Siege on Russian oil due to the war opens the door to recognize Maduro

The war in ukraine by invasion from Russia by Vladimir Putin is changing the rules of the game of international politics in Latin America, especially in the story about Nicolás Maduro in Venezuela, the “dictator” whom the government of Iván Duque criticized so much from Colombia.

After more than three years of the speech of the diplomatic siege of the regime, sanctions that prevented Venezuela access the international currency market, openly trade their oil, access London’s gold reserves, and even led the White House to offer a $15 million reward for the capture of Maduro, now The United States has rapprochements with Venezuela.

The War in Ukraine shuffled the cards of international politics. The West is looking for new routes to apply Putin sanctions, with the aim that the sanctions suffocate Russia’s economy and force the Kremlin to withdraw its troops in Ukraine, but those roads are leading to Venezuelawhich is one of its main allies in Latin America, along with Cuba and Nicaragua.

The support of the Kremlin is one of the cards that have allowed Maduro to remain in power, despite the complex humanitarian emergency, the migration that has expelled more than 6 million people and the hyperinflation of 2018 and 2019 that pulverized the Bolivar, the national currency.

The Russia’s relationship with Venezuela It dates from before the controversial president arrived in Miraflores. When Hugo Chavez assumed the Presidency in 1999, he put forward the thesis that the world is multipolar, so his government would not have to be talking with the same friendly countries as always, but could open up to more actors.

This approach to multipolarity was interwoven with an anti-imperialist narrative that gradually moved away from the United States, but found support in China, Russia, Iran, Turkey, Saudi Arabia, and others.

However, the break between the United States and Venezuela It goes beyond ideologies. Nicolás Maduro and other well-known figures of Chavismo such as Diosdado Cabello, Vladimir Padrino and Tareck El Aissami are accused of being the leaders of the Cartel de los Soles, a drug-trafficking group that sends drugs from Venezuela to the United States through Caribbean sea routes. .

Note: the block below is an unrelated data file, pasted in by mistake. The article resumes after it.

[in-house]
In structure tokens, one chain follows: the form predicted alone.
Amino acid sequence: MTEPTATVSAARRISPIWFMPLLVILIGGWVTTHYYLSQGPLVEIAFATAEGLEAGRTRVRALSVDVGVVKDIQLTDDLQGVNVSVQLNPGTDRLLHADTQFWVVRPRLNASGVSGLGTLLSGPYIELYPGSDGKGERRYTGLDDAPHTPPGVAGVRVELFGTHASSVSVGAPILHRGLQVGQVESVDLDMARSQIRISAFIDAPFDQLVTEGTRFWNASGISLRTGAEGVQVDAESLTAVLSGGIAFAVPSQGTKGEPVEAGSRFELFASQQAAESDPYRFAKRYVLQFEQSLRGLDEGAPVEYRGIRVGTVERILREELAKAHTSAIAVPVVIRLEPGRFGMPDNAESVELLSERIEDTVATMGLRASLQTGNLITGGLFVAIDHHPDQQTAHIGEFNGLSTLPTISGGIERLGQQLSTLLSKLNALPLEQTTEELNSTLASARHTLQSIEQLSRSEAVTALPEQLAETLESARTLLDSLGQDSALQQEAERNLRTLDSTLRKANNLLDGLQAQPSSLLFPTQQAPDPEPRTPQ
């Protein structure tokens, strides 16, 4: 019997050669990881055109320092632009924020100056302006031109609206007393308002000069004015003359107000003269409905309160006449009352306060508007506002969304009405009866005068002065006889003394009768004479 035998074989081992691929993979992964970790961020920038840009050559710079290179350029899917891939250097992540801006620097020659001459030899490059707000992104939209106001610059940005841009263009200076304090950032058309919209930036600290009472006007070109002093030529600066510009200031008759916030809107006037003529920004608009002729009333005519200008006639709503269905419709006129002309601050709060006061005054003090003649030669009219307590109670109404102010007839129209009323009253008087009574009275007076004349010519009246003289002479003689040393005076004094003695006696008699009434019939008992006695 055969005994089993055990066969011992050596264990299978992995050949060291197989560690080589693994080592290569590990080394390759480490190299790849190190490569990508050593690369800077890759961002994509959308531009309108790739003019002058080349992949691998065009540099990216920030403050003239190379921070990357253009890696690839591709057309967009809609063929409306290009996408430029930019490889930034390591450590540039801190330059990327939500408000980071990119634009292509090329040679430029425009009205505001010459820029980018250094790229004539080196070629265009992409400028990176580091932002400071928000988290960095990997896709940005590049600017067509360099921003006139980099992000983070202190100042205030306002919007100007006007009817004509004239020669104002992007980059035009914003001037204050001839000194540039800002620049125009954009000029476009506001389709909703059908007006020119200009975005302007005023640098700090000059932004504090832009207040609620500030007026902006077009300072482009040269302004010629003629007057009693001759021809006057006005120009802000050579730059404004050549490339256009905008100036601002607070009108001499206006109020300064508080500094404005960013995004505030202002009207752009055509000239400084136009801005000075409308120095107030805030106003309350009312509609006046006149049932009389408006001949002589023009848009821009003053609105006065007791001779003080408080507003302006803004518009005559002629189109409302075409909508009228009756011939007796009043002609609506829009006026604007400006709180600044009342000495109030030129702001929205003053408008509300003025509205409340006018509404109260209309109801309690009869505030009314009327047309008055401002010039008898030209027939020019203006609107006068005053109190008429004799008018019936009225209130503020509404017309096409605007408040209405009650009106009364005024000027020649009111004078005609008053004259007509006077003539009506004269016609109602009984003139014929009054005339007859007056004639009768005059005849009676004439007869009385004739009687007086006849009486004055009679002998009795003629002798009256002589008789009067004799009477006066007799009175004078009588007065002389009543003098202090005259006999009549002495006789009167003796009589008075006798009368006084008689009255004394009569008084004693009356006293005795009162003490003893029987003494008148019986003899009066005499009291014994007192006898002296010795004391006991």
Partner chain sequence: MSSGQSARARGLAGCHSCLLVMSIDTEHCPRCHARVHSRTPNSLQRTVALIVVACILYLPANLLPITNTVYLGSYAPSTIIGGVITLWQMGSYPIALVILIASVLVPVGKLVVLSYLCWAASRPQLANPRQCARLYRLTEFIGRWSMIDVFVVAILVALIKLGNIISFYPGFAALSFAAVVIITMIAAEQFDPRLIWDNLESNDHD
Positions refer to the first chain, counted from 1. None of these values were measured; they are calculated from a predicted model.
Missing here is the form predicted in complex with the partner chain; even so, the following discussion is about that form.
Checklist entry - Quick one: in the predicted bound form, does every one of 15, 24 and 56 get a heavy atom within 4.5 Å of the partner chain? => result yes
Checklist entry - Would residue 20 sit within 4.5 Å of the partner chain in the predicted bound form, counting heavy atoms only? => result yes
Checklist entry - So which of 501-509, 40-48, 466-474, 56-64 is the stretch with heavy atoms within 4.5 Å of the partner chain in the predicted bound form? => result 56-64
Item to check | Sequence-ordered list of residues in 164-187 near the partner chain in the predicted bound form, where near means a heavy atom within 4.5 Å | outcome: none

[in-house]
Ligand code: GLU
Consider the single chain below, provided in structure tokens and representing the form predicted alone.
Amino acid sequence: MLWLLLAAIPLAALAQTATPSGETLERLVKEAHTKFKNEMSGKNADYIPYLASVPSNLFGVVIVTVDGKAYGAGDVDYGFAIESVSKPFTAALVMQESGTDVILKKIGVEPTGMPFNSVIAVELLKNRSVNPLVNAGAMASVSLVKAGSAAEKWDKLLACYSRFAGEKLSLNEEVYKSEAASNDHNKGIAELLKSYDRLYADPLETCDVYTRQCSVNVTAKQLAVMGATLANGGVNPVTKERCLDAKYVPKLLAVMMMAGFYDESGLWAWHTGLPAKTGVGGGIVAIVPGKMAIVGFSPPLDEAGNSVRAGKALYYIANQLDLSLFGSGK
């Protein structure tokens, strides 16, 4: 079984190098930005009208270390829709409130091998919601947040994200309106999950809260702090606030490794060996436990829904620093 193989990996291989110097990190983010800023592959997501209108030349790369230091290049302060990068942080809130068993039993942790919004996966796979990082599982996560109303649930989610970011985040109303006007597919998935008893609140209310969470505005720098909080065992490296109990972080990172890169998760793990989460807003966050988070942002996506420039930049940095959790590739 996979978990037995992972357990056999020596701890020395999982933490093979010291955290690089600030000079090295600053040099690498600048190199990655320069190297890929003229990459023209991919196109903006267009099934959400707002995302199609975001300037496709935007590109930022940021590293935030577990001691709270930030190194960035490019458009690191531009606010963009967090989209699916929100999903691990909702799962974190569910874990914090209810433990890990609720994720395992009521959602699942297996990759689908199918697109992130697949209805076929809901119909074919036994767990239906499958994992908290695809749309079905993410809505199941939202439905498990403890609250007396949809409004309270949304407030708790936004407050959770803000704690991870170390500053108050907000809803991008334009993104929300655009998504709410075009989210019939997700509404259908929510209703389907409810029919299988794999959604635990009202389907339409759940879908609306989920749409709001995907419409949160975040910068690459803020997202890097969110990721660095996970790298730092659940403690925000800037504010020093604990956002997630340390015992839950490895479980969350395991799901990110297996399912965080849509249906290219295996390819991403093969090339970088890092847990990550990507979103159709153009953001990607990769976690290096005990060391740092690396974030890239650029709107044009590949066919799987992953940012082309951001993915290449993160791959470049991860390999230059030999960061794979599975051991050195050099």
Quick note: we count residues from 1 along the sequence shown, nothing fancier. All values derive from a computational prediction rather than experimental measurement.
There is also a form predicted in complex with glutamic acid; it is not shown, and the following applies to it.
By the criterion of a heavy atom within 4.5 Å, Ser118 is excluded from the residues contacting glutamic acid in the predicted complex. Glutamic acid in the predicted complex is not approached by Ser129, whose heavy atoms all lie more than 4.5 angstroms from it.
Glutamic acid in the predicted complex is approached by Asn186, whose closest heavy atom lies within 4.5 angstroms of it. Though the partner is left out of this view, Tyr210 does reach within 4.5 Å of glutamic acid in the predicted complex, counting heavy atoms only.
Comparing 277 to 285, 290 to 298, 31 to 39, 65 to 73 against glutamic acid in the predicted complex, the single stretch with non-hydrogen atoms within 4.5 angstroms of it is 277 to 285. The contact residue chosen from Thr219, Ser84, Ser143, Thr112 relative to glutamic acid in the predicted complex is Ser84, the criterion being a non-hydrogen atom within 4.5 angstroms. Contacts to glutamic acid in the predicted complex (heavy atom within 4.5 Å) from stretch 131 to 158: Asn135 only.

This is how arguments for the defense of democracy, the fight against drugs and the fight against communism have been interwoven in the discourse of the United States against Maduro’s Venezuela. The former Republican president, Donald Trump, was the architect of the banishment of Maduro, and gave rise to the story of the Duque administration and the Lima Group to condemn the Chavista and recognize Juan Guaidó as interim president.

After more than 38 months in what Nicholas Maduro was a pariah to much of the world, now the US, the creator of the sanctions, is talking to the leftist regime to explore how to buy its oil. The explanation for these approaches is almost 10,000 kilometers away from Caracas, on the border of Eastern Europe, which has been at war for 13 days.

The catalog of sanctions by the United States, the European Union, Canada, the United Kingdom and others against Russia is long and grows as the days of fighting go by trying to surround the government of Volodimir Zelensky. However, they have not achieved their goal of ending the fighting without the Western allies putting their soldiers in Ukraine.

The next step for the United States and the European Union would be to stop buying oil and gas to Russiabut before taking that measure they need to find an international supplier, which could be Venezuela: a country with the infrastructure to extract crude oil in decline, but with the reserves that the West needs to restore its demand.

If Caracas and Washington reach an agreement, Joe Biden would also be neutralizing a possible source of conflict in his backyard, since since January the Russian Foreign Minister, Sergey Lavrov, said that the Kremlin was considering deploy troops in Venezuela.

The White House and the Maduro regime they comment little on the dialogues that their emissaries have. While the war in Ukraine intensifies, forcing more than 2 million people to take refuge, in Latin America the Chavista administration in Caracas sees an open window to negotiate its permanence in power, after more than three years of being designated as a dictator.

The 59-year-old ruler was re-elected in the May 2018 electionsin which he appeared ten times on the ballot and the majority opposition decided not to participate, assuring that there were no conditions for a democratic contest.

Subsequently, the international community – led by the United States – ignored the legitimacy of the elections and declared that if Maduro took office, already in January 2019, they would ignore him as the legitimate president.

The claims were not heard and Hugo Chávez’s heir proclaimed himself president on January 5, before the Supreme Court of Justice and only with the endorsement of his allies. That oath marked the fracture of the regime with the world.

Time moved the geopolitical chess pieces. Missile fire from Russian troops in Ukraine left sparkles that were seen from Venezuelawhere the regime seems to find a way to legitimize itself, while the opposition of Juan Guaidó fades from the political map.